Step outside of your tiny, little world. Step inside into a tiny, little world of somebody else. And then do it again, and do it again, and do it again. And suddenly all these tiny, little worlds, they come together in this complex web. And they build a big, complex world. (S. Richards)
Empathy in the office?
has become one of the most popular words used by all sorts of people. There are special courses that will teach you how to be assertive but, at the same time, empathetic. We discover it has everything to do with being intelligent and, in order to be empathetic, we need to think, ponder, contemplate, use our intellect,…., probably till our brain fries. Then we’ll be able to truly understand another human being. I agree, of course, but instead of spending money on courses, why don’t people simply try to be emotionally literate and check what may happen once they agree to somebody’s request, instead of saying NO? I know, it’s an oversimplification and, for instance, when one works in a large, international company, managing people can be really tough, but it’s not impossible! Listen to people, provide feedback, ask for clarification, and find out a little about their background. This is the key element to building trust and harmony in the office.
My friend’s supervisor spent around 45 minutes on Friday morning explaining to his employees how important it is to be open to another person’s point of view and how good it would be if everybody was compassionate and considerate. Then he spent around 30 minutes in his office, talking to his wife on the phone, and, as he was leaving, one of his assistants asked if she could go home – she couldn’t focus on her tasks, because her child was ill, and she’d finish everything on Monday. Guess what she heard. True, you don’t want to know.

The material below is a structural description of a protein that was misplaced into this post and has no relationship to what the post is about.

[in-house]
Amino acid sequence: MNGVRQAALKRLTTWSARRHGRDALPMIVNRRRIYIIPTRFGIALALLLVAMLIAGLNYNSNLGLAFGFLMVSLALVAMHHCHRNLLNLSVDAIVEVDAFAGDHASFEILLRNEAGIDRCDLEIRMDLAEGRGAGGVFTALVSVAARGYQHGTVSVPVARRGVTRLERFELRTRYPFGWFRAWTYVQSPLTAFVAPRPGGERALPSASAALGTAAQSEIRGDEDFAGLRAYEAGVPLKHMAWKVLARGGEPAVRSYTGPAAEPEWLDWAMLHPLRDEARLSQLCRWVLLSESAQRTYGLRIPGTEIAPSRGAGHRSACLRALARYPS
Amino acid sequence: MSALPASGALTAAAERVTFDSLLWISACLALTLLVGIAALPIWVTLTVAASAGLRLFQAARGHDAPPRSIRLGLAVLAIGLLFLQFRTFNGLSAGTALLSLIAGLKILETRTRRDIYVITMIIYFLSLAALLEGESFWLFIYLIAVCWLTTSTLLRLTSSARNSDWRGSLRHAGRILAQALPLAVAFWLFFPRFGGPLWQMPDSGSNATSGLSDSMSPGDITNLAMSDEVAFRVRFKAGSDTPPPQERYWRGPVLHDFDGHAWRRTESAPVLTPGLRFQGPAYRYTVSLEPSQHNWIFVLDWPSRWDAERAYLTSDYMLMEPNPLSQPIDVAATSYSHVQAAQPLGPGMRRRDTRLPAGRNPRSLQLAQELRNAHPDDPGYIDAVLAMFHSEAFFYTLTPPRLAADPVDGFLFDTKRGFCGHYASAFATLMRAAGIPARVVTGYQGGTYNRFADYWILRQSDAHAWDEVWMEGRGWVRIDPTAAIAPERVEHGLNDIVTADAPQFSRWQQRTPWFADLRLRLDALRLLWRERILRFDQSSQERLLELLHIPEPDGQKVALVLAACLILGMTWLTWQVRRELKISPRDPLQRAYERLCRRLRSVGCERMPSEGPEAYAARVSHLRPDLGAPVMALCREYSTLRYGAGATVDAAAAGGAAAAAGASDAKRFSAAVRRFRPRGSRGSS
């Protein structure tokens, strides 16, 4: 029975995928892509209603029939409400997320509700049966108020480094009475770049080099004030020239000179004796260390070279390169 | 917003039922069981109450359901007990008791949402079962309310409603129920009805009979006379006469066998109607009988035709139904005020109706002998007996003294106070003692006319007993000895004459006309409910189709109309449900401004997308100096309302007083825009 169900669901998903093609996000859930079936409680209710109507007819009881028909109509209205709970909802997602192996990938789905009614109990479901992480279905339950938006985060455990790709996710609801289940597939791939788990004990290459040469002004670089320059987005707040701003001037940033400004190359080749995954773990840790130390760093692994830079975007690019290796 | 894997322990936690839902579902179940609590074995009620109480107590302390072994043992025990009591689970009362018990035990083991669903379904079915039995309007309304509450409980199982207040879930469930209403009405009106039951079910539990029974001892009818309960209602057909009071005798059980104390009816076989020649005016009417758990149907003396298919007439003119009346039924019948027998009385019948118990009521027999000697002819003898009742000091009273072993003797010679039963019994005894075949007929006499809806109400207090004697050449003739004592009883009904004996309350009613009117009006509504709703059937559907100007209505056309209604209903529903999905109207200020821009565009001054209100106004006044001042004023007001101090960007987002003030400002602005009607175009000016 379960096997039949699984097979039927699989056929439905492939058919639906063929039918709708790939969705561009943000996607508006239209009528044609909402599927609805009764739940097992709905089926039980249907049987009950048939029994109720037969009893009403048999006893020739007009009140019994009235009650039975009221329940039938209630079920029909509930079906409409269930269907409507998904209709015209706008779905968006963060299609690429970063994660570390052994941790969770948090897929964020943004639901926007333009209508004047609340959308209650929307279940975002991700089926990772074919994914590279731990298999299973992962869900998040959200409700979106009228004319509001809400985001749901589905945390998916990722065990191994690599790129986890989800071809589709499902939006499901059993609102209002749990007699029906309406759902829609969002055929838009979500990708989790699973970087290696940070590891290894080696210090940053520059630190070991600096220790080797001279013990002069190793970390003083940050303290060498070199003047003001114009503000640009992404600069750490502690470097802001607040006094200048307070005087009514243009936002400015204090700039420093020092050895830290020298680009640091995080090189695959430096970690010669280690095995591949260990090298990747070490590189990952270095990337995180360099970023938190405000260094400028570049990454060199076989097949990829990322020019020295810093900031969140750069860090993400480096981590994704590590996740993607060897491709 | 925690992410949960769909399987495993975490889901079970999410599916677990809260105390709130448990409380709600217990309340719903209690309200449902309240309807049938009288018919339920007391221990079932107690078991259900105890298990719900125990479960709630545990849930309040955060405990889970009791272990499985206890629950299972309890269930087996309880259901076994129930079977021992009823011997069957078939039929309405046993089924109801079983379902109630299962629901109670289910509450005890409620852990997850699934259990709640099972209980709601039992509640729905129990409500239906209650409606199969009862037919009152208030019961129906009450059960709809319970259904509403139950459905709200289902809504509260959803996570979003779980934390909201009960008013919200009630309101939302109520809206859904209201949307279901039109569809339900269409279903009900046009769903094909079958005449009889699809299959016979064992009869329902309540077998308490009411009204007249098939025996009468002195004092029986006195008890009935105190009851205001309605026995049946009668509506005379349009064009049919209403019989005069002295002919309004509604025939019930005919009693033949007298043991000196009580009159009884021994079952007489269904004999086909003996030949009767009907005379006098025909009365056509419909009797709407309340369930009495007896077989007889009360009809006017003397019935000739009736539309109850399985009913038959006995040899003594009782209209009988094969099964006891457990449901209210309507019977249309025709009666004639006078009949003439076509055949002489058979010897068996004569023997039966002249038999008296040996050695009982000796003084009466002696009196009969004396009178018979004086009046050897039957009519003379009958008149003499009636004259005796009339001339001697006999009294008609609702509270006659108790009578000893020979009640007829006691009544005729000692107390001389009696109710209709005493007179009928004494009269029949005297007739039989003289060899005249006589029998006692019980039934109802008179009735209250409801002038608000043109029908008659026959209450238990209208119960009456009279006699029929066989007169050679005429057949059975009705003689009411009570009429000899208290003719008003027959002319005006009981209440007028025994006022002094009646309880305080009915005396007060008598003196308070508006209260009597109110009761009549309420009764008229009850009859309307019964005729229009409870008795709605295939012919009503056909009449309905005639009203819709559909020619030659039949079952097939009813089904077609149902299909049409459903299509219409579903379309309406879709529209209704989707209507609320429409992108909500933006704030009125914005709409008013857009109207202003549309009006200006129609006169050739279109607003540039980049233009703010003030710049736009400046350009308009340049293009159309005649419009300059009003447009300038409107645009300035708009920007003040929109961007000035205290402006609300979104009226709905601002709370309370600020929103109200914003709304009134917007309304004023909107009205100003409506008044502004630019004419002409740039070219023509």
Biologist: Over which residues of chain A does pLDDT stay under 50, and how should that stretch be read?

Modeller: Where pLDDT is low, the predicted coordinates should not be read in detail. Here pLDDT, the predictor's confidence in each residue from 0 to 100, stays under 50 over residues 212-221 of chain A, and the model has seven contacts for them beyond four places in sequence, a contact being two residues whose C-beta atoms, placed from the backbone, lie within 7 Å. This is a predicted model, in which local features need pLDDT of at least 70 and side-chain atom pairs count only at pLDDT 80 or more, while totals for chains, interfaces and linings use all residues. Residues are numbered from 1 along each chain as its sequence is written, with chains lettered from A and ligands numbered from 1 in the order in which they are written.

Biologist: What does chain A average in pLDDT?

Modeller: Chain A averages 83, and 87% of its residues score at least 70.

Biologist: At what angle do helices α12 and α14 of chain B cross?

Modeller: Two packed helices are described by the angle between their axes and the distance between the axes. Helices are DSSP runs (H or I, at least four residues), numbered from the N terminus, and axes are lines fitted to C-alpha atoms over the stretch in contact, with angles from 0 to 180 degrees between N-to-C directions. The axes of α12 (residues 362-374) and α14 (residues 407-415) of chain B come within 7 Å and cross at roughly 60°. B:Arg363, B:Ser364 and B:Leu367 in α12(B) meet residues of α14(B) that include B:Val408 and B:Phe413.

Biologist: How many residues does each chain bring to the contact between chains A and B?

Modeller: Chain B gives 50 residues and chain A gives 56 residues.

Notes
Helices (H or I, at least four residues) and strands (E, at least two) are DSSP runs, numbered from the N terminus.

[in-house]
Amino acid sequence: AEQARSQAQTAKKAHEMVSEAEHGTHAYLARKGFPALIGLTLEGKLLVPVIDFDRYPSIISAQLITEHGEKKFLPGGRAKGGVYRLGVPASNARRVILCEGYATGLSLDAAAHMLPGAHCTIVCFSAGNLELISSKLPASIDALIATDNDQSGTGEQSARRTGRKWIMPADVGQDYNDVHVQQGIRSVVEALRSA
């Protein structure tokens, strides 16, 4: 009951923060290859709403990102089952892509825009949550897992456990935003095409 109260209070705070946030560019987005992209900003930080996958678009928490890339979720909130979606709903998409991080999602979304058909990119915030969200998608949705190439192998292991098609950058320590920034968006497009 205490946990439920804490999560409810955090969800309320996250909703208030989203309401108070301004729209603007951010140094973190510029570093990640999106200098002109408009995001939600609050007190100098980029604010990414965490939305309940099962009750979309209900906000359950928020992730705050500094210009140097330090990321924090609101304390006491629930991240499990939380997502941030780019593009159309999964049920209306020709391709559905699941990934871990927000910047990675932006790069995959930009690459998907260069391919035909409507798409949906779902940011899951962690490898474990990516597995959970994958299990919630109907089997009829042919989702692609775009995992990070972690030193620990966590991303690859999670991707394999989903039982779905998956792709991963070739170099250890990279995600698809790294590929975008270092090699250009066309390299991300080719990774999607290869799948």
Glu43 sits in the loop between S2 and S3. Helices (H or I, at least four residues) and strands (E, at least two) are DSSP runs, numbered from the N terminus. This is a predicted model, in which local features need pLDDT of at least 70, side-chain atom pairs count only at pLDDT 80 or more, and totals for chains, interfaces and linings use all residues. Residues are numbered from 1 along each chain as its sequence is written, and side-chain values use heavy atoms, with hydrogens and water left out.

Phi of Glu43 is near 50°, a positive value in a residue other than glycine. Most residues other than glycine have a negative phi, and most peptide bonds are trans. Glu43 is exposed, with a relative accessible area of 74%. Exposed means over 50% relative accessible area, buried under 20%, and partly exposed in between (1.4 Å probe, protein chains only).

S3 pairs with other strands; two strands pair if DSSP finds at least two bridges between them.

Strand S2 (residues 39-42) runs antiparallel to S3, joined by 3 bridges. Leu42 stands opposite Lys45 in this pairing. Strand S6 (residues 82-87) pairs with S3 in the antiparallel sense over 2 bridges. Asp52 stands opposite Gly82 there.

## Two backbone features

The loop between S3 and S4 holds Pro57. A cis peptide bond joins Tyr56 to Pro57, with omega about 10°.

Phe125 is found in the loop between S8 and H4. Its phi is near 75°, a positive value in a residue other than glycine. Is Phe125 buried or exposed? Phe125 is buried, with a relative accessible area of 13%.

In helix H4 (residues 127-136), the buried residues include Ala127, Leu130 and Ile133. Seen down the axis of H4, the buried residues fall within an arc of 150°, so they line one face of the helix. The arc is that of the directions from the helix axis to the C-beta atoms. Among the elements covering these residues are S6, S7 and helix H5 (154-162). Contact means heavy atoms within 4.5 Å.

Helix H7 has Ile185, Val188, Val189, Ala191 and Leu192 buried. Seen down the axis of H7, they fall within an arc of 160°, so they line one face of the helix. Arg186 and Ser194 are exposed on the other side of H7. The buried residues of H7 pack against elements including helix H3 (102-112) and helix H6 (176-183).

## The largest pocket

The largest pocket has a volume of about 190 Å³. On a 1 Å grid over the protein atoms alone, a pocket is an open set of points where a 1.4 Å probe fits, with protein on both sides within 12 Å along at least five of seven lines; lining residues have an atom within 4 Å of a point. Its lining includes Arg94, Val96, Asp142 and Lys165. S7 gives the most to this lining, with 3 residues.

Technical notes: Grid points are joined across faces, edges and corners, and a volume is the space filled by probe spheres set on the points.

A radical experiment in empathy
Yesterday I watched a short talk at TED.com by Sam Richards, a sociologist working at the Pennsylvania State University. I was attracted by the title: “A radical experiment in empathy”. I thought I’d find something extremely challenging, something even I would find difficult to comprehend or accept. Having watched a few minutes, I thought – yes, I could be the one giving the speech, I understand this man, I know exactly what he’s trying to convey. It was like listening to my own thoughts.
I consider myself very lucky, as I have the opportunity to meet and talk to people of different, sometimes difficult, personalities. Some of them are older than me, some younger, a few of them, I sadly admit, are rather narrow-minded, the rest very tolerant and open for changes and suggestions. Every now and then, however, one of them does something that deeply upsets me and makes me wonder: what were her or his reasons for doing that? What caused her/him to be so rude, arrogant, selfish, bitter or vicious?
So, yes, I am capable of putting myself in their shoes, I do my utmost to understand what their motives were. As I mentioned in some previous posts, I usually find tons of explanations and justifications, thanks to which I feel relieved and able to go on with my life, as if nothing ever happened. Is it only for my own convenience then? Maybe, I’m not a saint, just trying to stay sane.